KEY POINTS

  • Thousands of people at a mass vaccination site in Oakland allegedly received wrong doses
  • One of the medical workers said at least 4,300 people were given botched vaccine dosages
  • The state's emergency services disputed reports and questioned the accuracy of allegations

Thousands of people who visited a mass vaccination site in the Oakland Coliseum in California on Monday received botched doses of the coronavirus vaccine, according to two medical workers. 

The recipients allegedly were given too little of the Pfizer/BioNTech vaccine. Health care workers later identified the issue and had it resolved by Monday evening. 

Those who arrived before 2 p.m. that day for their vaccines may have gotten the botched doses, two emergency medical technicians (EMTs) told KTVU Fox 2. One of them believes that at least 4,300 of the 6,000 people vaccinated at the site that day were given the wrong doses. 

The incorrect doses reportedly stemmed from the orange-capped syringes that the EMTs were using to administer the Pfizer vaccine.

Each individual should have received 0.3 ml of vaccine. However, the syringes used are designed in a way that the plunger can’t reach the bottom of the container. This means the EMTs could only administer up to 0.2 ml of vaccine, causing a third of the dose to be wasted. 

The two medical workers claim that the managers and tent leaders at the Oakland vaccination site wanted to dismiss the issue to keep the inoculation numbers high. 

But authorities at the California Office of Emergency Services (Cal OES) disputed the report of botched doses administered at the Oakland Coliseum, expressing “serious concerns” about the accuracy of the allegations.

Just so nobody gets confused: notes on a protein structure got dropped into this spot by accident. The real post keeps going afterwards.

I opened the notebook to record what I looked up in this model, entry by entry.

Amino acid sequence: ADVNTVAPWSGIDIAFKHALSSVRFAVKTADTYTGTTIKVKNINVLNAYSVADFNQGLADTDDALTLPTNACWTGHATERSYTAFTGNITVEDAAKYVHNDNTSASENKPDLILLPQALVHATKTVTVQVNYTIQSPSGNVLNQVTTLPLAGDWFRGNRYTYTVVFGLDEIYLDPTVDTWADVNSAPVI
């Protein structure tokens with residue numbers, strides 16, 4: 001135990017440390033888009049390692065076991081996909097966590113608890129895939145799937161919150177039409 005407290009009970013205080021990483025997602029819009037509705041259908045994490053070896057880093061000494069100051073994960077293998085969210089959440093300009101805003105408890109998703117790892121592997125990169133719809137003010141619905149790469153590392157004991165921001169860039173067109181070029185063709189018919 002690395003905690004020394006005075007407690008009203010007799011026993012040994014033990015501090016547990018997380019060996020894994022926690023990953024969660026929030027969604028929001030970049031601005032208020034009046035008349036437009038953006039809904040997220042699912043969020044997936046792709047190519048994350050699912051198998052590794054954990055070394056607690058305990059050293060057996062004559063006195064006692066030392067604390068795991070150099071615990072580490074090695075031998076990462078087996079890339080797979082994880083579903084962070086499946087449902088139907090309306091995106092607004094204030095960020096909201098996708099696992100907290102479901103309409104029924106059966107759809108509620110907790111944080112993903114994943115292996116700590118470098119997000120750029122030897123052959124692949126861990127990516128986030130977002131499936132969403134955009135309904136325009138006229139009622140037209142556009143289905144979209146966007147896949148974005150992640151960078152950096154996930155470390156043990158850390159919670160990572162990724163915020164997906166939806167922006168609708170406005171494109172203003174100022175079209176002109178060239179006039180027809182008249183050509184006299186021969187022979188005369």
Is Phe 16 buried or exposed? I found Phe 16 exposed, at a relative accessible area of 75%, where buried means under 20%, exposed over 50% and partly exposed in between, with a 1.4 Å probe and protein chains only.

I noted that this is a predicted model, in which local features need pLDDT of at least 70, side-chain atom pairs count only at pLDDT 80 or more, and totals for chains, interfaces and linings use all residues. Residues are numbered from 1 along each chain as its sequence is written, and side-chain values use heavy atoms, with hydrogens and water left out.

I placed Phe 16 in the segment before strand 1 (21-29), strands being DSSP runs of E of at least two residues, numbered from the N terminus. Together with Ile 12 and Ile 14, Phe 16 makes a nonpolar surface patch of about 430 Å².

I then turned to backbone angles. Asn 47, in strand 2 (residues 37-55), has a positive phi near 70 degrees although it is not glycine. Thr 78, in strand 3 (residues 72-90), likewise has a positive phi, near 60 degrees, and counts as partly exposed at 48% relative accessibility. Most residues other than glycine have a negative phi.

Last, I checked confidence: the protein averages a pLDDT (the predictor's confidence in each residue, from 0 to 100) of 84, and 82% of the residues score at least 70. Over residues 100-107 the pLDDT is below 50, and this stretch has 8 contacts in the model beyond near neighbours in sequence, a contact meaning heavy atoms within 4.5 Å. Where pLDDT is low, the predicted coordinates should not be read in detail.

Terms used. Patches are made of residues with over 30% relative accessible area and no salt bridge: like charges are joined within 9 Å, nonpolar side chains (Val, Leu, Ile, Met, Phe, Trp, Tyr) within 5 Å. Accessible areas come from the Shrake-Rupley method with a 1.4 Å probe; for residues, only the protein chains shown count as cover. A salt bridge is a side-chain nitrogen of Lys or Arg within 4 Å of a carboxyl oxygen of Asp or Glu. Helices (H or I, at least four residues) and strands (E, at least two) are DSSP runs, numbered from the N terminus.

“Neither the state of California nor FEMA are aware of any instance of even a single individual being under-vaccinated on the Oakland Coliseum site,” the agency’s statement read. 

“The state and federal partners providing vaccinations at this site, have been working closely with the California Department of Public Health, U.S. Health and Human Services, Centers of Disease Control and Prevention as well as the vaccine manufacturer Pfizer to ensure the highest levels of medical care and quality assurance are adhered to at this site,” the statement continued. 

Cal OES spokesman Brian Ferguson said the agency's stakeholders felt the vaccine doses given that day were "negligible." He also said the stakeholders felt that there was no need to contact the patients who received the vaccine that day in Oakland. Ferguson later noted that the agency talked to health experts and Pfizer, who said the doses followed health guidelines and protocols.

"We don't think anyone was formally underdosed,” he added. 

Concerns have risen that more transmissible coronavirus variants such as the one first detected in South Africa or another in Britain are more resistant to existing vaccines such as the one developed by Pfizer-BioNTech Concerns have risen that more transmissible coronavirus variants such as the one first detected in South Africa or another in Britain are more resistant to existing vaccines such as the one developed by Pfizer-BioNTech Photo: AFP / Luis ROBAYO